Prank gone bad brings suspensions for four Rams

FORT COLLINS, Colo. -- Four players on the Colorado State
University women's basketball team have been suspended for setting
off a chemical bomb outside the apartment of teammate Kelly Rae
Finley, athletic spokesman Gary Ozello said Saturday. There were no injuries and no structural damage.

"There's nothing we can do about it right now. This will be a
great experience for the rest of the players. It means that we will
have to play a lot harder. Sarah Hunter, the only remaining
starter, has to play nearly 40 minutes and have an MVP
performance," coach Jen Warden told The Associated Press.

Police detective David Grant identified the suspended players as
starting guards Emily Neal, 19, and Kelly Jo Mullaney, 18, both of
Minneapolis, and reserve forward Raysha Ritter, 18, of Grand
Junction, Colo., and reserve Brittney Stirling, 19, of Tucson,
Ariz., all freshmen.

Warden said the suspended players will not be allowed
to practice or sit on the bench when the Rams host New Mexico on

"This is a case where four teammates were trying to play a
prank on a teammate, and it went bad," Grant said. "They thought
the device would just make a loud bang, and that it would not be a
big deal. It was not meant in a malicious way by any means. I know
that Mullaney and Finley are very good friends."

He added, "No one was hurt, and there was no property damage;
but if someone had opened the door at the time the device exploded
there could have been serious injuries." The bomb was made of
chemicals that create an explosive acid.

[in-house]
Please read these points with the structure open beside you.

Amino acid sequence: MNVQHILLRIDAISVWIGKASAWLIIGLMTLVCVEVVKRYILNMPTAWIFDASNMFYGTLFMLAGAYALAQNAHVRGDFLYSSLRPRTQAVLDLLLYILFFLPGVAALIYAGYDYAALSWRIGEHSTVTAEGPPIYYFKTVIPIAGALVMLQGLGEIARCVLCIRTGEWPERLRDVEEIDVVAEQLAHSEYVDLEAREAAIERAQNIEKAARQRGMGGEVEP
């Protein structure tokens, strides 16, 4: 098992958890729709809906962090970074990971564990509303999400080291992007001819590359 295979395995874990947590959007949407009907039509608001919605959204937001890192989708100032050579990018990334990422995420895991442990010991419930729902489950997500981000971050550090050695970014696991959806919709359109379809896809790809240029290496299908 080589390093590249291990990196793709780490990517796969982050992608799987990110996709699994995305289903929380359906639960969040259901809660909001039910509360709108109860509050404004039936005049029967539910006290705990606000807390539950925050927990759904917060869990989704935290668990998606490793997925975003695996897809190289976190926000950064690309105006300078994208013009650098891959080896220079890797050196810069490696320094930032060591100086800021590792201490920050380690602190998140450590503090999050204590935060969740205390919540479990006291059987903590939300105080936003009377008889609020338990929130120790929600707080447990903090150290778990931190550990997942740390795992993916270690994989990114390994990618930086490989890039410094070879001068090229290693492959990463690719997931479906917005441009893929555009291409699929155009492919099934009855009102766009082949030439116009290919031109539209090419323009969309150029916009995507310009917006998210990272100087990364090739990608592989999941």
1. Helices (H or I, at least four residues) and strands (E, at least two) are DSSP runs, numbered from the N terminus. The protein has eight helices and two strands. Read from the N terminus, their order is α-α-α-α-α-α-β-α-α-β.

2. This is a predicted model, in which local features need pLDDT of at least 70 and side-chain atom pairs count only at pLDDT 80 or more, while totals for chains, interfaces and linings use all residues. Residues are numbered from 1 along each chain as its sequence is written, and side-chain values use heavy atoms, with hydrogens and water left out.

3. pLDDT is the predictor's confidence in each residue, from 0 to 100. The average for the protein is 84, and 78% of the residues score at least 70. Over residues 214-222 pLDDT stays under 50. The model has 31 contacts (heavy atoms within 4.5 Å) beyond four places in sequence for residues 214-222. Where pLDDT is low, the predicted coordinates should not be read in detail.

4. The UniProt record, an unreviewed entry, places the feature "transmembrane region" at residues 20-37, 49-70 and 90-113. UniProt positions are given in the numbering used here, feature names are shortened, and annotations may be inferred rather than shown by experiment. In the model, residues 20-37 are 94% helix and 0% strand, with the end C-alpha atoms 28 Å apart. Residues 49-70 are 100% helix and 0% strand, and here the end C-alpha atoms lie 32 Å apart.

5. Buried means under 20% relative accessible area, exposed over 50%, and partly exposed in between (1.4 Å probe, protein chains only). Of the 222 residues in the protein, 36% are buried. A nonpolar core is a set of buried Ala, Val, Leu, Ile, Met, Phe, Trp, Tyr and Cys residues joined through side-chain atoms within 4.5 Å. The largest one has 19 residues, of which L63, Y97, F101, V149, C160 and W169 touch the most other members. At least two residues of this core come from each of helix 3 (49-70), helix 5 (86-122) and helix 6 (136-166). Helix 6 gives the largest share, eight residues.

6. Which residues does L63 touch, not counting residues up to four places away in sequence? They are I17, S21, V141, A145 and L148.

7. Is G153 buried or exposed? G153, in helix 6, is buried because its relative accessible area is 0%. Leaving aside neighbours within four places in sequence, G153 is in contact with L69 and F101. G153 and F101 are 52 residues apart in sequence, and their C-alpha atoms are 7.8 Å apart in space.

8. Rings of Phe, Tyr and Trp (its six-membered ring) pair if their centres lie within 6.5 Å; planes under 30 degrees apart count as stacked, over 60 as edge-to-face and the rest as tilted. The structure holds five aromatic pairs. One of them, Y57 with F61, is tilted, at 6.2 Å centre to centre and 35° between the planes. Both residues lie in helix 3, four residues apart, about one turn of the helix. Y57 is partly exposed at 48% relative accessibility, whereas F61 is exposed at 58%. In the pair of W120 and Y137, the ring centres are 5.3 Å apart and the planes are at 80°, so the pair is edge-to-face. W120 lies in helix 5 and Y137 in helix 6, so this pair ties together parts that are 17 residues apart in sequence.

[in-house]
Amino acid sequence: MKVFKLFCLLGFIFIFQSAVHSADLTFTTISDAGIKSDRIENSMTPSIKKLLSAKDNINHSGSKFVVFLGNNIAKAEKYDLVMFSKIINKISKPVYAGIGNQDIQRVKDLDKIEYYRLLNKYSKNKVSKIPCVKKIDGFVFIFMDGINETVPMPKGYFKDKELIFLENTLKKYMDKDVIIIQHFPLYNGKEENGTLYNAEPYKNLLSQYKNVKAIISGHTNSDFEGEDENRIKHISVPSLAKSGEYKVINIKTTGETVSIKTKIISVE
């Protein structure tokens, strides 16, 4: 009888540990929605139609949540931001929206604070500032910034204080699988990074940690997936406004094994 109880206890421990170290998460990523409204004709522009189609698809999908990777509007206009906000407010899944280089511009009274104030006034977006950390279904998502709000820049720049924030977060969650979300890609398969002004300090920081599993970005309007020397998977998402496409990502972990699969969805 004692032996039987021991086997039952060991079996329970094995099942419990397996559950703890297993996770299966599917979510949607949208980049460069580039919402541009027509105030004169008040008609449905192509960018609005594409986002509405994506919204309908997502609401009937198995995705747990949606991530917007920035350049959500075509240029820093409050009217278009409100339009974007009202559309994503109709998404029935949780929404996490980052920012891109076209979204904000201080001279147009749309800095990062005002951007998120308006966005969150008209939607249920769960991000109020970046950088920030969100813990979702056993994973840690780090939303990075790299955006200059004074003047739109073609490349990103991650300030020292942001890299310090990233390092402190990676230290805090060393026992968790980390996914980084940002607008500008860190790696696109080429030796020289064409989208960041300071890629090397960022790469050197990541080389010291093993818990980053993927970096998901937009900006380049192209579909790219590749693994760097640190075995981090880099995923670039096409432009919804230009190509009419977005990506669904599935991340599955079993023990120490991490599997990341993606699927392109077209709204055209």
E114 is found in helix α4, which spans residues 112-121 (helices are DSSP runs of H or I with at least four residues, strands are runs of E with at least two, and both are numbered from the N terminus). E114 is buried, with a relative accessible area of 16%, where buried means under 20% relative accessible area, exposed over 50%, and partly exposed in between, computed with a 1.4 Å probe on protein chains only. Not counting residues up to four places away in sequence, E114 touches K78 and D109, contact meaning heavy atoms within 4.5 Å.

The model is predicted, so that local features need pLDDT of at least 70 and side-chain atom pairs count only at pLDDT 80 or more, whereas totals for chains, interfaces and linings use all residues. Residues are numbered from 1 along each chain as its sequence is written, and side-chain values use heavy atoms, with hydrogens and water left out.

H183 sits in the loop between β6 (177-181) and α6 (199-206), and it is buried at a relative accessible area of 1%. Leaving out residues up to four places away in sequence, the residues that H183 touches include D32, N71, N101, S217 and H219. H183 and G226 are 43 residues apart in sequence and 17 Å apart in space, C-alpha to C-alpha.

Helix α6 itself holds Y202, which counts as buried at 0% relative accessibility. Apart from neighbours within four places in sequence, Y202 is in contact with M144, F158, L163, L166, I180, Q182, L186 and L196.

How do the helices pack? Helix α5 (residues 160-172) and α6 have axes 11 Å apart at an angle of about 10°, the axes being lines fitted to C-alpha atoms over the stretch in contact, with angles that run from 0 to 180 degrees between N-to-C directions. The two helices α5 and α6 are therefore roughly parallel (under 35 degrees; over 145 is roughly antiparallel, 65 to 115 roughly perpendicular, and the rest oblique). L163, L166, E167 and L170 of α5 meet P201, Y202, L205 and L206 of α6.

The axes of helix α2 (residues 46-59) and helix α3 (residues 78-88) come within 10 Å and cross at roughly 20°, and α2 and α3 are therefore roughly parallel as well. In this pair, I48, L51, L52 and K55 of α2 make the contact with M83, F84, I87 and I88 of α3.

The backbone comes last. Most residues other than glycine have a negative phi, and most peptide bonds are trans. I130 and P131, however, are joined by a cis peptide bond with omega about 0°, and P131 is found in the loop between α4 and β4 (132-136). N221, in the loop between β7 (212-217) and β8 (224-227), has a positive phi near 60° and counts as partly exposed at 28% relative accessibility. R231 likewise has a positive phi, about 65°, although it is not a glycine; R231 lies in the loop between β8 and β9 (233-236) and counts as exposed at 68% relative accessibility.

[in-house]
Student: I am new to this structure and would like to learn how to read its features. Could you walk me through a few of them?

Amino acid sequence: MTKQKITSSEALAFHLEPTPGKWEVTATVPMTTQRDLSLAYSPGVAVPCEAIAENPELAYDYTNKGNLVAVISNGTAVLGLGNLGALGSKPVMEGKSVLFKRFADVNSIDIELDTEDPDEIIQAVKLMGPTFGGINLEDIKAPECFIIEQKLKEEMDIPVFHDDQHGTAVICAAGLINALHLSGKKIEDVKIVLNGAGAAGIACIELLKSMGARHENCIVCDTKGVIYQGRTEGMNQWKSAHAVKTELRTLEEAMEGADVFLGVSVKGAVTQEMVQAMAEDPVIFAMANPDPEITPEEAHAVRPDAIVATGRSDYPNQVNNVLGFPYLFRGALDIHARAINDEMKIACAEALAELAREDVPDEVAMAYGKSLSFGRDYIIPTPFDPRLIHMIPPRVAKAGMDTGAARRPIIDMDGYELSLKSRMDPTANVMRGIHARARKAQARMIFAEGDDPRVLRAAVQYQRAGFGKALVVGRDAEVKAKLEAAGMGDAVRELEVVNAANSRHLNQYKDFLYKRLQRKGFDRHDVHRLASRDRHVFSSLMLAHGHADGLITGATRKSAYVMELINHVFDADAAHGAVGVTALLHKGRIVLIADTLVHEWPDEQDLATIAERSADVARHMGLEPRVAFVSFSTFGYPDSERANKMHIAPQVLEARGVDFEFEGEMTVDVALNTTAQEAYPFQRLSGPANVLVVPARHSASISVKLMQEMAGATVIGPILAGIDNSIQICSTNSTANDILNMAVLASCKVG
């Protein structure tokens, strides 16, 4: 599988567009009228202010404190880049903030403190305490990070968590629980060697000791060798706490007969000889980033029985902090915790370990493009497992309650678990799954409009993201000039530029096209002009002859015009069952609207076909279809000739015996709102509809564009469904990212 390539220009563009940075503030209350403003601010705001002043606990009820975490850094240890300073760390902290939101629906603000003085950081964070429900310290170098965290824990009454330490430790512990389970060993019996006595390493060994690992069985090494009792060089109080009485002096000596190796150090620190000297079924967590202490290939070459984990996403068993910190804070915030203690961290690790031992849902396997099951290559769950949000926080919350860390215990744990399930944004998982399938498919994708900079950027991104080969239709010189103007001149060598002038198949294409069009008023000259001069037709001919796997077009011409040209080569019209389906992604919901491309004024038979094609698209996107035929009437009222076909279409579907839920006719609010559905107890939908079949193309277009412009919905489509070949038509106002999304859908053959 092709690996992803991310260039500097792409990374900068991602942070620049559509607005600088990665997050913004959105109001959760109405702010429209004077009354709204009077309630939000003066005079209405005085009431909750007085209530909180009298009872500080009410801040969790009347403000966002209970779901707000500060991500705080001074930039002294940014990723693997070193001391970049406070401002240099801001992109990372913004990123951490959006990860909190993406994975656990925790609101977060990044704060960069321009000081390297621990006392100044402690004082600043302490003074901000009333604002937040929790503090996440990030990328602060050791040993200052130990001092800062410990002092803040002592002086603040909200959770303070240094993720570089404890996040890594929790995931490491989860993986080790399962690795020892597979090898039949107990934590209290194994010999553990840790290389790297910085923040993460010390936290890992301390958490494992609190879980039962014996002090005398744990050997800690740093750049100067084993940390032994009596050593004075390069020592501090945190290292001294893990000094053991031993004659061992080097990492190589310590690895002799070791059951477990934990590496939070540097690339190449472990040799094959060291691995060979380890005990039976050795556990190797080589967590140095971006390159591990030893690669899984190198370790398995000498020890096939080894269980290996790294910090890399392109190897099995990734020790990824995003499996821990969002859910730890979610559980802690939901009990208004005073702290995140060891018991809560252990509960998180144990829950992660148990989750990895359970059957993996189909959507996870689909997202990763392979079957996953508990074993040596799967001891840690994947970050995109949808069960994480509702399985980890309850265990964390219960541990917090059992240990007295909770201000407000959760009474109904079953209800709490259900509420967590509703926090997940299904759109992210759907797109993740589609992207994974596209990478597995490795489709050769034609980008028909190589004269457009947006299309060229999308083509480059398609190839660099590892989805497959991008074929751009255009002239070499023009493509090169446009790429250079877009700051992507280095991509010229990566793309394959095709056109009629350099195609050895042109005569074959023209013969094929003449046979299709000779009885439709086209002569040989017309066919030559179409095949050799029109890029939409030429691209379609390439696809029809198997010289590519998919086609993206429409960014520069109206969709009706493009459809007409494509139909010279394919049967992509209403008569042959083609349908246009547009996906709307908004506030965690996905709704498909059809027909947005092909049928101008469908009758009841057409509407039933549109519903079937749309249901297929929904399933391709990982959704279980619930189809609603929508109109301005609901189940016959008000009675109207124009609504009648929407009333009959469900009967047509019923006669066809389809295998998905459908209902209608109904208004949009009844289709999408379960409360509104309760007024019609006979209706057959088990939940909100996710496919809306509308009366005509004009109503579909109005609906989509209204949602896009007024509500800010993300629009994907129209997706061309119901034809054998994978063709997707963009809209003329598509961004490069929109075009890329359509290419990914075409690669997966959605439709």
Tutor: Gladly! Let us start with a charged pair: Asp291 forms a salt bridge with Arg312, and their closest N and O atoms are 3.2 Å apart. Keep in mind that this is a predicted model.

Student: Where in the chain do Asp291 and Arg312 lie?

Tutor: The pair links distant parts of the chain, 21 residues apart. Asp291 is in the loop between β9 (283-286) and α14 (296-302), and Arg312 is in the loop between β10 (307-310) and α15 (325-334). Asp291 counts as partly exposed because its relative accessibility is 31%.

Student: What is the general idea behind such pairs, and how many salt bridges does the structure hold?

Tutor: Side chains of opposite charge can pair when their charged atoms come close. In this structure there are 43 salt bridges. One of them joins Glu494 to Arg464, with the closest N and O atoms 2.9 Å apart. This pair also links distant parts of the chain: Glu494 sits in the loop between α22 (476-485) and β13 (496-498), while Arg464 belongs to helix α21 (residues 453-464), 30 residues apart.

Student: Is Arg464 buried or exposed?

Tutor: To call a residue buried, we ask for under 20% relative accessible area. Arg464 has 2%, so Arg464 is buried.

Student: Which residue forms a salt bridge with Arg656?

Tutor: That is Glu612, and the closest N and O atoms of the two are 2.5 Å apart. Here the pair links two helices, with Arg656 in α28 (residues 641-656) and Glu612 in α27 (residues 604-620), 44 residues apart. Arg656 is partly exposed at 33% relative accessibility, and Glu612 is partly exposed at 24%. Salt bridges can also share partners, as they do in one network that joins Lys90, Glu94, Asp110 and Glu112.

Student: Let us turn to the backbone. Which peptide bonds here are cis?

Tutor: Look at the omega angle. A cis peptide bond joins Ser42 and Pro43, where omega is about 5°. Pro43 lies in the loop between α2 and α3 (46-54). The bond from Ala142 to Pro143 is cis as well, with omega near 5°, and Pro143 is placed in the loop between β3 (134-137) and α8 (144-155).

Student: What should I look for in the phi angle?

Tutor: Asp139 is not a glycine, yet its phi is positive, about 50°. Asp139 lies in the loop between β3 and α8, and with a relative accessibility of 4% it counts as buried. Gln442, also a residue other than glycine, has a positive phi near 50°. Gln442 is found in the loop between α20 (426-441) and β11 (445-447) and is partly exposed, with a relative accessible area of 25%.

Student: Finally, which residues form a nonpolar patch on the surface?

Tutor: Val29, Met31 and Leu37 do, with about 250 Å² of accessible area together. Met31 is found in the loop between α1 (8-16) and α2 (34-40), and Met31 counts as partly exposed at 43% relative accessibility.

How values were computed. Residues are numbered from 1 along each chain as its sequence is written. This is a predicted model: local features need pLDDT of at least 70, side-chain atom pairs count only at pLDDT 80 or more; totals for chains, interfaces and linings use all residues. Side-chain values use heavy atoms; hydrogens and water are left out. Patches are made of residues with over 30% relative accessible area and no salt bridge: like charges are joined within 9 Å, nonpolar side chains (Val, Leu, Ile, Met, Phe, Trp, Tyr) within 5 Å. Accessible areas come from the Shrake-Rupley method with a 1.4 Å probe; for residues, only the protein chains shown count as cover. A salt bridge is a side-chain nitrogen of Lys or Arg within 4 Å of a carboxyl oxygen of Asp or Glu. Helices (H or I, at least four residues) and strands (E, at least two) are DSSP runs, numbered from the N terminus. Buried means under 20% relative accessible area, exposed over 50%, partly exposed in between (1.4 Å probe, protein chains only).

Police spokeswoman Rita Davis said the four players all knew
that two other team members were staying at the victim's apartment
and thought it would be funny to scare them. She said they would be
charged with one count of reckless endangerment, a misdemeanor.

The Fort Collins Coloradoan said Mullaney, Neal and Finley, 21,
all played at the same Minnesota high school and have been friends
for several years. The four suspended players apparently drove to
Finley's apartment in Mullaney's car.

A witness reported their car after the Monday night incident.

"Once confronted, all four players confessed," Grant said.

Warden refused to say how long the suspensions would last. They
leave the Rams with just eight available players. Mullaney was the
team's leading scorer.

"This is an internal matter related to the team," Warden said.
"This is a challenge that will help everyone involved grow."

The suspensions came on the day following the Rams' 73-57 loss
Thursday night to Utah.

"Obviously, any time a student-athlete is involved in anything
like this, our Office of Student Affairs will work closely with
athletic department to determine the next step, if any, that will
be taken," said Ozzello.